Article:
Citizen. Speak. Amplify.

“Makeup companies don’t cater for dark-skinned people” – Zamantungwa Khumalo

Model Nykhor Paul recently lashed out at professional makeup artists in the fashion industry who refuse to cater to dark-skinned models. The global fashion industry is known for excluding people of colour, but even here in South Africa, where 80% of the population is black, it can be difficult to source makeup for dark skin tones. FIRDAUS KHAN asked people in fashion and TV about how this has affected them.  

Christian MaghomaChristian Maghoma, 20, model at Ice Models, Auckland Park
I wouldn’t say my skin tone is marginalised, but I think it’s unfair that we aren’t always catered to. Makeup artists have never asked me to bring makeup to shoots. But I think there is a need for a solution to this, cos it’s not fair if they can only (make up) one skin tone. The solution could be finding the makeup for black people, and accommodating them for shows. But overall, I have never experienced this.

Zamatungwa KhumaloZamantungwa Khumalo, 25, talk radio producer and presenter, Kagiso
Makeup companies don’t cater for dark-skinned people. Only now, post-Lupita Nyong’o, you are finding some cosmetics companies, who are waking up and catering for dark-skinned people. But it’s still not being done enough. In South Africa, at MAC, the darkest colour they have is for my skin tone – and I’m not the darkest skin tone you’ll get. I’ve asked them at the counter, and they said they do cater for darker people, but those colours are more in their Nigeria stores. There have been instances (at TV interviews) where I thought I’m being made up a shade or two lighter than my skin tone, and I’d bring it up, but they didn’t have the proper shade of makeup for my skin. Not even catering to dark-skinned people is sending a message that you’re not worthy of being pretty.

Kgomotso SebekoKgomotso Sebeko, 32, model trainer/fashion show producer at KS Model Management, Sebokeng
Usually, white makeup artists will get the wrong foundation for black models. Some of the dark-skinned girls end up not wearing makeup, just moisturiser, because they can’t find the right foundation. There (have been) situations backstage at fashion shows, where the hairstylists will say they don’t do ethnic hair or ethnic makeup. When they are forced to, then the girls look pale. But professional makeup artists, with the use of MAC, Revlon, Iman Cosmetics and Estee Lauder, now cater for black ethnic faces. Dark skin is unspoken of, it’s unappreciated, it’s unpraised and it’s side-lined. We can’t overlook it.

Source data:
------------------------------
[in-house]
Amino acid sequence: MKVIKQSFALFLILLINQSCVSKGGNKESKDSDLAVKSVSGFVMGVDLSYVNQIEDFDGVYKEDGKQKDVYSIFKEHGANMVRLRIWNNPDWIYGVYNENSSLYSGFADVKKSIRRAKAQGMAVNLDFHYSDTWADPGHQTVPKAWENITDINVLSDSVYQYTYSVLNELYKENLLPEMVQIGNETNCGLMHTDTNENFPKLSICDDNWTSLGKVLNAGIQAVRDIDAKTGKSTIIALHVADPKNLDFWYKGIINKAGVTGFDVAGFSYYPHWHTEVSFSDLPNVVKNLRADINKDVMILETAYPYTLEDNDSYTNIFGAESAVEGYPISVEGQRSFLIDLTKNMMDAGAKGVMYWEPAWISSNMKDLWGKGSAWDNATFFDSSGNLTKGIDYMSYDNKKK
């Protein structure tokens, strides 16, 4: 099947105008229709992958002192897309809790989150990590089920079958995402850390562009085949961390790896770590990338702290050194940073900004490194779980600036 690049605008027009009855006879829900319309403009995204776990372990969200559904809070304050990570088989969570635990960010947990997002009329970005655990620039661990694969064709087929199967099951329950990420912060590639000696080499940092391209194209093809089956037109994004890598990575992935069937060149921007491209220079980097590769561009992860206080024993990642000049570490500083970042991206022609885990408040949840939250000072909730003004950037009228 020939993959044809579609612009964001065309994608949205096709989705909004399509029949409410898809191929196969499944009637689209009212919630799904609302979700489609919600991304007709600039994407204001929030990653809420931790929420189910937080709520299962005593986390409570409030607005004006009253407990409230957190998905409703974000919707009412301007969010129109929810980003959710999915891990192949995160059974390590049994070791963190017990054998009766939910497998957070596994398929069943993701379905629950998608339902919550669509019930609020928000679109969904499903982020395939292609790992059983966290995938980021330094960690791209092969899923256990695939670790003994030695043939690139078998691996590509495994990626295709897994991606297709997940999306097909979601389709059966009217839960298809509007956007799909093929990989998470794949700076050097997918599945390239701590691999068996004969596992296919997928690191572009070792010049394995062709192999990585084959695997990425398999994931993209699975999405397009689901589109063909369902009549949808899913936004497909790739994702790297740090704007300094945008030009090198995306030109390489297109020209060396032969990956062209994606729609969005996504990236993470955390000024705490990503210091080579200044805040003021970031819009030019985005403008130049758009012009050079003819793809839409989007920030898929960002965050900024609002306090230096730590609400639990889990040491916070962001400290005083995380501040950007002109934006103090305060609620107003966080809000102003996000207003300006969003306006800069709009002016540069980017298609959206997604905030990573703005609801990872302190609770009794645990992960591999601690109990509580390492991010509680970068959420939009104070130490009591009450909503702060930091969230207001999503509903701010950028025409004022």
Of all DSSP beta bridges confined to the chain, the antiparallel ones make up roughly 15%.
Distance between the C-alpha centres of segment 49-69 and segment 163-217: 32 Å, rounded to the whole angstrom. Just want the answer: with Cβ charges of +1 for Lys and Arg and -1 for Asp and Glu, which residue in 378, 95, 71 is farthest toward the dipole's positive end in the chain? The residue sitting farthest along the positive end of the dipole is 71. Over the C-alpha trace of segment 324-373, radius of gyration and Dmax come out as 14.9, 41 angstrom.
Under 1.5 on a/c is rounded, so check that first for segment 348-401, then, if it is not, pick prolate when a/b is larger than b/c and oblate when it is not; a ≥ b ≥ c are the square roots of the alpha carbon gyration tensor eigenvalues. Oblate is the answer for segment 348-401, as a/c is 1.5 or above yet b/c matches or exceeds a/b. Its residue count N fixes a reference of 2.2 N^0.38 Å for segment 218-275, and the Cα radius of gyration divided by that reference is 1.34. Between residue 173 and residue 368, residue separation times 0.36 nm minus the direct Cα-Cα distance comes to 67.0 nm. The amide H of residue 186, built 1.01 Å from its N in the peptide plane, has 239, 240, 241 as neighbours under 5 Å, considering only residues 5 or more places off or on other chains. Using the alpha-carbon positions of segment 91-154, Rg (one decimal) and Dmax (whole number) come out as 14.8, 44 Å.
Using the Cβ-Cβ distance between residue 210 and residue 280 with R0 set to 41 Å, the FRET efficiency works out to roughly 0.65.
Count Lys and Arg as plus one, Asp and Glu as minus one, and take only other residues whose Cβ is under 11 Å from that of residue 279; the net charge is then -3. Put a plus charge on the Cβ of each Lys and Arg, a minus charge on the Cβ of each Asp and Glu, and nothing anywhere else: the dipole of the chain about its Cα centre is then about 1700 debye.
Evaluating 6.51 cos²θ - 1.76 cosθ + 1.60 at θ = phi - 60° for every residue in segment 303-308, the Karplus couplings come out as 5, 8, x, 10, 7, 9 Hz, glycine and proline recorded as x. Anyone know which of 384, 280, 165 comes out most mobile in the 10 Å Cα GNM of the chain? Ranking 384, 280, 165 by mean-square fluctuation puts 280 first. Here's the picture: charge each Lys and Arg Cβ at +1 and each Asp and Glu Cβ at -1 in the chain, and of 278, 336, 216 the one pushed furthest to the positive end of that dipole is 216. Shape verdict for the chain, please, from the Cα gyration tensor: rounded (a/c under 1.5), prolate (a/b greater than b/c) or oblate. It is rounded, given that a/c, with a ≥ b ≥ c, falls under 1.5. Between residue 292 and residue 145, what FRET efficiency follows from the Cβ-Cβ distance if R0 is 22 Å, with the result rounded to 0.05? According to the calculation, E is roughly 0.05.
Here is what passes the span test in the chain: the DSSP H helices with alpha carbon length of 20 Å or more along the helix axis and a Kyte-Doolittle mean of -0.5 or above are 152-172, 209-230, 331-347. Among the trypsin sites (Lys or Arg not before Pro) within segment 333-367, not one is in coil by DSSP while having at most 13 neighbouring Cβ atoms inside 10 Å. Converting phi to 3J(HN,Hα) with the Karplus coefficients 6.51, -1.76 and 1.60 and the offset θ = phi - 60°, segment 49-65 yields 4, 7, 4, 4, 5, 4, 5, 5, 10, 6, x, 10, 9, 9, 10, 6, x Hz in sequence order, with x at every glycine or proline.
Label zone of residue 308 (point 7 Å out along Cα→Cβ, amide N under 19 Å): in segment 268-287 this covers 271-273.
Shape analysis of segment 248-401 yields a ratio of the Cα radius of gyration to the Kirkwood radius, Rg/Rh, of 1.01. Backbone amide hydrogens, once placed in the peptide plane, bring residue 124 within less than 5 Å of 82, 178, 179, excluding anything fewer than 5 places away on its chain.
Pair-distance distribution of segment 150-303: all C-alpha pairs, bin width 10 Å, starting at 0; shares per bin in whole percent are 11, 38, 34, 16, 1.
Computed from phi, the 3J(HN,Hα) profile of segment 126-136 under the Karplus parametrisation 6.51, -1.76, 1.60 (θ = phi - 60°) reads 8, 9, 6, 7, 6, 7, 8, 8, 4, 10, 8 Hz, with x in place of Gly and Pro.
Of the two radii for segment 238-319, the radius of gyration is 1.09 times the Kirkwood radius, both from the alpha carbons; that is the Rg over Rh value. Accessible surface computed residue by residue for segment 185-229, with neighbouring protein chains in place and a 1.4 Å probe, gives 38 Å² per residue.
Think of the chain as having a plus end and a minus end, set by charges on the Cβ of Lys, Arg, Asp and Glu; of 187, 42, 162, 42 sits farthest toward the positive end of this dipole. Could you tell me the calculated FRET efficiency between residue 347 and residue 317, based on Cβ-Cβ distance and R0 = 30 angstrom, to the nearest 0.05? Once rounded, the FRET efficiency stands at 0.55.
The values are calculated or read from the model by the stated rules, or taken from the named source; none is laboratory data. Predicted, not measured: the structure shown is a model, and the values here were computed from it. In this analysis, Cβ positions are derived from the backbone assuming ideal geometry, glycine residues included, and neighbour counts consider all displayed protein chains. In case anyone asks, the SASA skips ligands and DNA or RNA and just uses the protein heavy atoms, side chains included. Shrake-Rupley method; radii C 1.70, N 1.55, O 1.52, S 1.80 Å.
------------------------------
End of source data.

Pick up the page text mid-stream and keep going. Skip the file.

Tshepiso RalehlatheTshepiso Ralehlathe, 22, model with Ice Model Management, Cape Town
I’m not the darkest skinned, so it should be easy to have foundation for me, but I’ve had instances where I am either made grey because the makeup artist doesn’t have my colour, or I am made super-dark. I’ve had crazy instances, where as a black girl, you don’t look as good as all the white girls. I’ve definitely had my fair share of bad makeup artists, but I’ve also had amazing artists. There have been white women who have perfected my skin tone, but there have been those few instances where your makeup is being done and you have to rush to the bathroom to fix it. I’ve never been asked to bring my own makeup to a shoot, but far too often I go with my own makeup set anyway.

– Featured image via Wikimedia Commons; all other images supplied and used with permission.

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